Intensive farming or intensive agriculture is an agricultural production system characterized by the high inputs of capital, labour, or heavy usage of technologies such as pesticides and chemical fertilizers relative to land area.
This is in contrast to many sorts of sustainable agriculture such as organic farming or extensive agriculture, which involve higher inputs of labor, and energy relative to the area of land farmed, but focus on maintaining the long-term ecological health of the farmland, also the product which is being produced is generally produced with fewer synthetic chemicals.
Modern day forms of intensive crop based agriculture involve the use of mechanical ploughing, chemical fertilizers, plant growth regulators and/or pesticides. It is associated with the increasing use of agricultural mechanization, which have enabled a substantial increase in production, yet have also dramatically increased environmental pollution by increasing erosion and poisoning water with agricultural chemicals.
Advantages of Intensive Farming
Intensive agriculture has a number of benefits:
- Significantly increased yield per acre, per person, and per GBP relative to extensive farming and therefore,
- Food becomes more affordable to the consumer as it costs less to produce.
- The same area of land is able to supply food and fibre for a larger population reducing the risk of starvation.
- The preservation of existing areas of woodland and rainforest habitats (and the ecosystems and other sustainable economies that these may harbour), which would need to be felled for extensive farming methods in the same geographical location. This also leads to a reduction in anthropomorphic CO2 generation (resulting from removal of the sequestration afforded by woodlands and rainforests).
- In the case of intensive livestock farming: an opportunity to capture methane emissions which would otherwise contribute to global warming. Once captured, these emissions can be used to generate heat and/or electrical energy, thereby reducing local demand for fossil fuels.
Disadvantages of Intensive Farming
Intensive farming alters the environment in many ways.
- Limits or destroys the natural habitat of most wild creatures, and leads to soil erosion.
- Use of fertilizers can alter the biology of rivers and lakes. Some environmentalists attribute the hypoxic zone in the Gulf of Mexico as being encouraged by nitrogen fertilization of the algae bloom.
- Pesticides generally kill useful insects as well as those that destroy crops.
- Is often not sustainable if not properly managed—may result in desertification, or land that is so poisonous and eroded that nothing else will grow there.
- Requires large amounts of energy input to produce, transport, and apply chemical fertilizers/pesticides
- The chemicals used may leave the field as runoff eventually ending up in rivers and lakes or may drain into groundwater aquifers.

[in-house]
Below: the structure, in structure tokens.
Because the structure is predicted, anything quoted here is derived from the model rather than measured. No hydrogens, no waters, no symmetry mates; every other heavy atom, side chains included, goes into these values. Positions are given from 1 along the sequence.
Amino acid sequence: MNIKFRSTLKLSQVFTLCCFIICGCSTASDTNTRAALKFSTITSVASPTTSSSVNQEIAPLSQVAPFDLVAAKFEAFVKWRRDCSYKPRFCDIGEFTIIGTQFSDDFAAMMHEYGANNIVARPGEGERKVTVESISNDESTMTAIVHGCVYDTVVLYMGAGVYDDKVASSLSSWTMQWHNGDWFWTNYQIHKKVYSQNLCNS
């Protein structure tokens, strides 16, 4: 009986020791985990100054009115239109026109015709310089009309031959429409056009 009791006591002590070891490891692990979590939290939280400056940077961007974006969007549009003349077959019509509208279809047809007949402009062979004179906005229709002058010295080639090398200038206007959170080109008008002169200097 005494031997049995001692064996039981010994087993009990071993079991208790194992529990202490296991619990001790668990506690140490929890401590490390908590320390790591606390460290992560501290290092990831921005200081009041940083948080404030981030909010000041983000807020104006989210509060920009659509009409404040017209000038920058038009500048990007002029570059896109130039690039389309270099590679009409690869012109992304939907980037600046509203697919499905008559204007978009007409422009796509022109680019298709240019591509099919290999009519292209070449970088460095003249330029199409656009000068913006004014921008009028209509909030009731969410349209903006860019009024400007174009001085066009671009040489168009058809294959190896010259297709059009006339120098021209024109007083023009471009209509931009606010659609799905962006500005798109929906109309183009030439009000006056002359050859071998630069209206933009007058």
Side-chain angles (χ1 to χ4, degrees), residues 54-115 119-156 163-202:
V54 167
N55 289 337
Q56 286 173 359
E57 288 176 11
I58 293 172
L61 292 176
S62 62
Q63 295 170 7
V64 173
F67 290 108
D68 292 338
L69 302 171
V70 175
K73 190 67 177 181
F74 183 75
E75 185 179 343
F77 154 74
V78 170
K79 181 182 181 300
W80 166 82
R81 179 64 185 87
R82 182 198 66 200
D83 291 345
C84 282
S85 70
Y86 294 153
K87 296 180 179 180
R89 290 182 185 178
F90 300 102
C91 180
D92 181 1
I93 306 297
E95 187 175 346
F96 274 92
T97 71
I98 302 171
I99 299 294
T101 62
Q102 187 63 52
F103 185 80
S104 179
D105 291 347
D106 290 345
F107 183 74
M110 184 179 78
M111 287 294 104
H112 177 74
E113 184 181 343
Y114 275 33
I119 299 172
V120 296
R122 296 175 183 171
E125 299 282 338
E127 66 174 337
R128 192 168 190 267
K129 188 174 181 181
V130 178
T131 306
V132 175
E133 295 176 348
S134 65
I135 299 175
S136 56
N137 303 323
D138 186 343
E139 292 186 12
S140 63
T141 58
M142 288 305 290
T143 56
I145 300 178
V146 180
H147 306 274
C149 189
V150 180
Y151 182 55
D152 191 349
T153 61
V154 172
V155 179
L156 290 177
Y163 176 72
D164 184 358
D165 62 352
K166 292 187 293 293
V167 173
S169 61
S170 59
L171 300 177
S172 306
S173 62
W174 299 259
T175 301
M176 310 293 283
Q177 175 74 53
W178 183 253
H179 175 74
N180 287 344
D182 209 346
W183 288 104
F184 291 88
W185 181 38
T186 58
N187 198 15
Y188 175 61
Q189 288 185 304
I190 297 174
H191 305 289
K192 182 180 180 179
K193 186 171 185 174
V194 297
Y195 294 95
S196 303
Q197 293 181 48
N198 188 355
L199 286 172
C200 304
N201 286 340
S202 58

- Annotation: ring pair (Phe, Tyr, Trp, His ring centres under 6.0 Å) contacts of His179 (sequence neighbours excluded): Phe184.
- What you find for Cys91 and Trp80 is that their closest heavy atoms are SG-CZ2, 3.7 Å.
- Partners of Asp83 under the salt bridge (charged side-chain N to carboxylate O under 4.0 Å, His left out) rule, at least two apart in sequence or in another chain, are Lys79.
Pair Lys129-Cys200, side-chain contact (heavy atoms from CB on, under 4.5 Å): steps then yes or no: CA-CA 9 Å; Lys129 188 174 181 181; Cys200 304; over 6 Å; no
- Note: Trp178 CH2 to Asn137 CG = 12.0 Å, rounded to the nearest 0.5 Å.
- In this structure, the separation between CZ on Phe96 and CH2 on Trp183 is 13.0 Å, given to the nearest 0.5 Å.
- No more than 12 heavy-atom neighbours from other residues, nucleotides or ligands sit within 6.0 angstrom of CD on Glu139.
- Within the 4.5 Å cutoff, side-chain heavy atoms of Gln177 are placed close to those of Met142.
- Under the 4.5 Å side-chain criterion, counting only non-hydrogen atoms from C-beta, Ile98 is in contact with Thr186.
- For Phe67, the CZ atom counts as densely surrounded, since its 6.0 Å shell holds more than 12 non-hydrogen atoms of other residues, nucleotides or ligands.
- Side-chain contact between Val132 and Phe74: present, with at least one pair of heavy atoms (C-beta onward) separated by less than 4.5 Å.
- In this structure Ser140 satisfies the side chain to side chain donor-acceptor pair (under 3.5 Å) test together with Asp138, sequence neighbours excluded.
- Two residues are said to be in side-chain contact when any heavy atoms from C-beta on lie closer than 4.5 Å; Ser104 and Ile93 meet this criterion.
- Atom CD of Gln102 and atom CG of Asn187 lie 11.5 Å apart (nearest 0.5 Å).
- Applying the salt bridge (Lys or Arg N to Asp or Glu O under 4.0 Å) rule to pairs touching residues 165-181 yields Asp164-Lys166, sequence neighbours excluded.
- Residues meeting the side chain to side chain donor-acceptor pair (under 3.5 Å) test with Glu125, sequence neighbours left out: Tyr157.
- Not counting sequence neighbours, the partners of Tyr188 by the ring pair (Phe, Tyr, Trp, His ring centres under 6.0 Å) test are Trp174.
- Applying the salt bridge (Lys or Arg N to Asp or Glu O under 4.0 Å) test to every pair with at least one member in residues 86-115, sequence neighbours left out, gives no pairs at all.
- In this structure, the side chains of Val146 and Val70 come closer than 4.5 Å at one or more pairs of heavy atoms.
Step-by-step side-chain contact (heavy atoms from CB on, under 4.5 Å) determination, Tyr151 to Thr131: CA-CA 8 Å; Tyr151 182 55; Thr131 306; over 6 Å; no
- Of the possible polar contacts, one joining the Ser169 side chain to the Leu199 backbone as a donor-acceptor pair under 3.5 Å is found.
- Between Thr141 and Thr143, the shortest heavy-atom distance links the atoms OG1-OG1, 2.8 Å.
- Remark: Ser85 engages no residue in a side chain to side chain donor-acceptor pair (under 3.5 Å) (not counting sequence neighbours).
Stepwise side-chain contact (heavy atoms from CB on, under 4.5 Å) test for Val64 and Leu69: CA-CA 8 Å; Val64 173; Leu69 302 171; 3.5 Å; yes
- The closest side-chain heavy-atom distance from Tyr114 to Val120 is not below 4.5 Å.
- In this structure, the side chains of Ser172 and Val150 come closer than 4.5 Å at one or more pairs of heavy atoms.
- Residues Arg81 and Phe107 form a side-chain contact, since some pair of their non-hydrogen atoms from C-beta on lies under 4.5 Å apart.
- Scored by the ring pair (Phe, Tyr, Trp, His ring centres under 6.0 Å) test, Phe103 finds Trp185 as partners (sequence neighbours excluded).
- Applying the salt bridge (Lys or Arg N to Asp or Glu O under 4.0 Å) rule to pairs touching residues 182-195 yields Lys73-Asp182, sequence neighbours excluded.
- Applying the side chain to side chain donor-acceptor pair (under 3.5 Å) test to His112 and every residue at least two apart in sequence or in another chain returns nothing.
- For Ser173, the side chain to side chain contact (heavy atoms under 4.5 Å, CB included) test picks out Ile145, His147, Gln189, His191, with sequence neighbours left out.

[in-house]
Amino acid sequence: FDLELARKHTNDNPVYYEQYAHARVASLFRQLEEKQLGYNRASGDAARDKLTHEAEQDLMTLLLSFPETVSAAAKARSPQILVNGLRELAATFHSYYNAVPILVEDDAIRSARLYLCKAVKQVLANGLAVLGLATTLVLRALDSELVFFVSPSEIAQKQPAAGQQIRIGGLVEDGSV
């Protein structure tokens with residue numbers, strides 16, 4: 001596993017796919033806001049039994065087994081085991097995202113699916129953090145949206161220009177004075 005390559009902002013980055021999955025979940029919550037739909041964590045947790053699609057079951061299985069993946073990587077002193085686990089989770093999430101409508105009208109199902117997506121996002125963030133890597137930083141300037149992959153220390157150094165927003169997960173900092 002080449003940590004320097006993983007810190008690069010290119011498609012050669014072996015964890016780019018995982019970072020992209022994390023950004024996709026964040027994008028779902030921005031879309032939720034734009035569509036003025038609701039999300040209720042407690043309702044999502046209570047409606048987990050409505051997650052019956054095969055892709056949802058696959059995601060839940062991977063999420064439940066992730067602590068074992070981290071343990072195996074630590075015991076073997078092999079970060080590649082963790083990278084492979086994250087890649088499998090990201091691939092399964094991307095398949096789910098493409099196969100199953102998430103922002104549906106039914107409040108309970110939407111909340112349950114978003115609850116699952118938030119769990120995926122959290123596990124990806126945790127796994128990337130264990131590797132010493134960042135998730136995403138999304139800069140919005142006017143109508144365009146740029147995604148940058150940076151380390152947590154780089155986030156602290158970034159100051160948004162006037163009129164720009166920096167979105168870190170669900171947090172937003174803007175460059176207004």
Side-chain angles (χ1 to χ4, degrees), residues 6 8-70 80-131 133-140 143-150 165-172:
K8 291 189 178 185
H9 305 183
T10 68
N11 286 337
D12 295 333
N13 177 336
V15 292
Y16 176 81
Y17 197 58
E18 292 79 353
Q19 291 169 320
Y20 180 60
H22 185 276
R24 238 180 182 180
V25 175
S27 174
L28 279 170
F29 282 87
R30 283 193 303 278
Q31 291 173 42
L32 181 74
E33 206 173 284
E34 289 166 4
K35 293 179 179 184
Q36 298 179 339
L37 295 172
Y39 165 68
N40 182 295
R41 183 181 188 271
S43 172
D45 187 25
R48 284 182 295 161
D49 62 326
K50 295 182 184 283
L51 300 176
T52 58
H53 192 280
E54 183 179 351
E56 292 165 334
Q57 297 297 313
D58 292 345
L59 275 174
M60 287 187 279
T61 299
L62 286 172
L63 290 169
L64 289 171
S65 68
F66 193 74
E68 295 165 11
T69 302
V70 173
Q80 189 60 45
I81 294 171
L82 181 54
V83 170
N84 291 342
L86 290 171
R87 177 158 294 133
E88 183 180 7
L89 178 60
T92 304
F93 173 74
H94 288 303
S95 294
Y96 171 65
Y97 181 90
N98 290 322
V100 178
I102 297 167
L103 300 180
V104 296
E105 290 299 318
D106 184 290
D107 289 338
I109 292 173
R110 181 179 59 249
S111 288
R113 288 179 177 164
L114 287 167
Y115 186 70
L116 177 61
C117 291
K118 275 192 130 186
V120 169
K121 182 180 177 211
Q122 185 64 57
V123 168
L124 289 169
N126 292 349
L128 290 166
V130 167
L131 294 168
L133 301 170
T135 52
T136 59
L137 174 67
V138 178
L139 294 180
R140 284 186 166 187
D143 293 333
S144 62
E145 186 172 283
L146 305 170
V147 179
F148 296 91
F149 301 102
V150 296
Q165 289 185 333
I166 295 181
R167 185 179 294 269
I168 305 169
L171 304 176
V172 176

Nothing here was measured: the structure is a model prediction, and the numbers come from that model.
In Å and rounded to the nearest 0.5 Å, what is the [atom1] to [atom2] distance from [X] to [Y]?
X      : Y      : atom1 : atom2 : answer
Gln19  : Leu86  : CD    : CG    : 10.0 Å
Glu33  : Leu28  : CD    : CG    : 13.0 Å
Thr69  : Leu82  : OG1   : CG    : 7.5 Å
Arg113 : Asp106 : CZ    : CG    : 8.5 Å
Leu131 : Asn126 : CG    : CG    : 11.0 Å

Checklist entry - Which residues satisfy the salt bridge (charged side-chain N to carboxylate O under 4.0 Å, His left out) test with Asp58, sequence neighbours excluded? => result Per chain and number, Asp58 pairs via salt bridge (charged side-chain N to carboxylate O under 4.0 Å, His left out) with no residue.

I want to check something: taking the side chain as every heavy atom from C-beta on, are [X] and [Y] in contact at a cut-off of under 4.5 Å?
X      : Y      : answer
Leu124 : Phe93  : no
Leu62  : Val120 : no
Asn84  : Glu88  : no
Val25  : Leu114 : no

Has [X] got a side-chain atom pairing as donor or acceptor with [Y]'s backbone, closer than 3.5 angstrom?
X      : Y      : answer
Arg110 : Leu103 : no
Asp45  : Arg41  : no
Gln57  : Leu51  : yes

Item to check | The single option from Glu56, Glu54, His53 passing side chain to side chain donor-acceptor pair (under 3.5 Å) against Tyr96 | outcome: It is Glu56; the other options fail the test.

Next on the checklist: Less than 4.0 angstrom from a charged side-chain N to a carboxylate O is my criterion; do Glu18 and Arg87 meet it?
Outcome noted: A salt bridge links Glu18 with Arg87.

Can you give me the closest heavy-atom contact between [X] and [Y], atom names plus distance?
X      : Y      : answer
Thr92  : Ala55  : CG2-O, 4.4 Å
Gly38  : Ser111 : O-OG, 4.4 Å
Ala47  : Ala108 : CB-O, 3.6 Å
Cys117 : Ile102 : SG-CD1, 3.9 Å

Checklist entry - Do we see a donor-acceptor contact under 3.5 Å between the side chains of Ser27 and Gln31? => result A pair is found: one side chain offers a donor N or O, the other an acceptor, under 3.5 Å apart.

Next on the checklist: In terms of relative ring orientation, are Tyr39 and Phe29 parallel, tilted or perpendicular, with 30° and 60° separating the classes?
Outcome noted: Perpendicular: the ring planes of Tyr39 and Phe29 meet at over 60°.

- Use of pesticides have numerous negative health effects in workers who apply them, people that live nearby the area of application or downstream/downwind from it, and consumers who eat the pesticides which remain on their food.
There are different intensive farming techniques. Pre-mordern era of intensive farming included terracing, rice paddies as well as aquacultue (aquafarming). With industrialization, modern intensive farming techniques have been introduced. The techniques help in production of the highest yield at the lowest possible cost. Some of the types of intensive farming are as follows:
Factory Farming : Factory farming involves intensive farming of livestock in confinement. The farm actually functions as a factory for raising animals for meat, milk as well as eggs for commercial use. However, the animals are forever kept in closed confined areas like cages and crates. They are not allowed to carry on with their natural behavior like foraging or exploratory nature. Their life span is reduced considerably due to the poor living conditions in which these animals are kept.
Aquaculture : Cultivation of fish, shellfish, algae, seaweed, etc. under controlled conditions is called aquaculture or aquafarming. This type of intensive farming may also involve use of tanks or systems that help in boosting the production of the aquatic yields. However, over farming is causing extensive damage to the ecosystem as there is increase in completion between the farm animals and the wild animals.
Sustainable Agriculture : The practice of farming that the study of relation between organisms and their environment. This is a biointensive agriculture that causes increase in yield per unit area, yield per energy input, yield per water input, etc. It involves use of intercropping as well as vertical farming.
Management Intensive Rotational Grazing : Managed intensive rotational grazing (MIRG) involves use of ruminant and non-ruminant herds to graze and forage on a portion of pasture, farm or paddock. This helps the vegetation on the field to renew its energy reserves, deepen the root system as well as help in long-term increase of biomass production. The animals in turn obtain the natural nutritional requirements from grazing, eliminating the need for supplemental feed sources.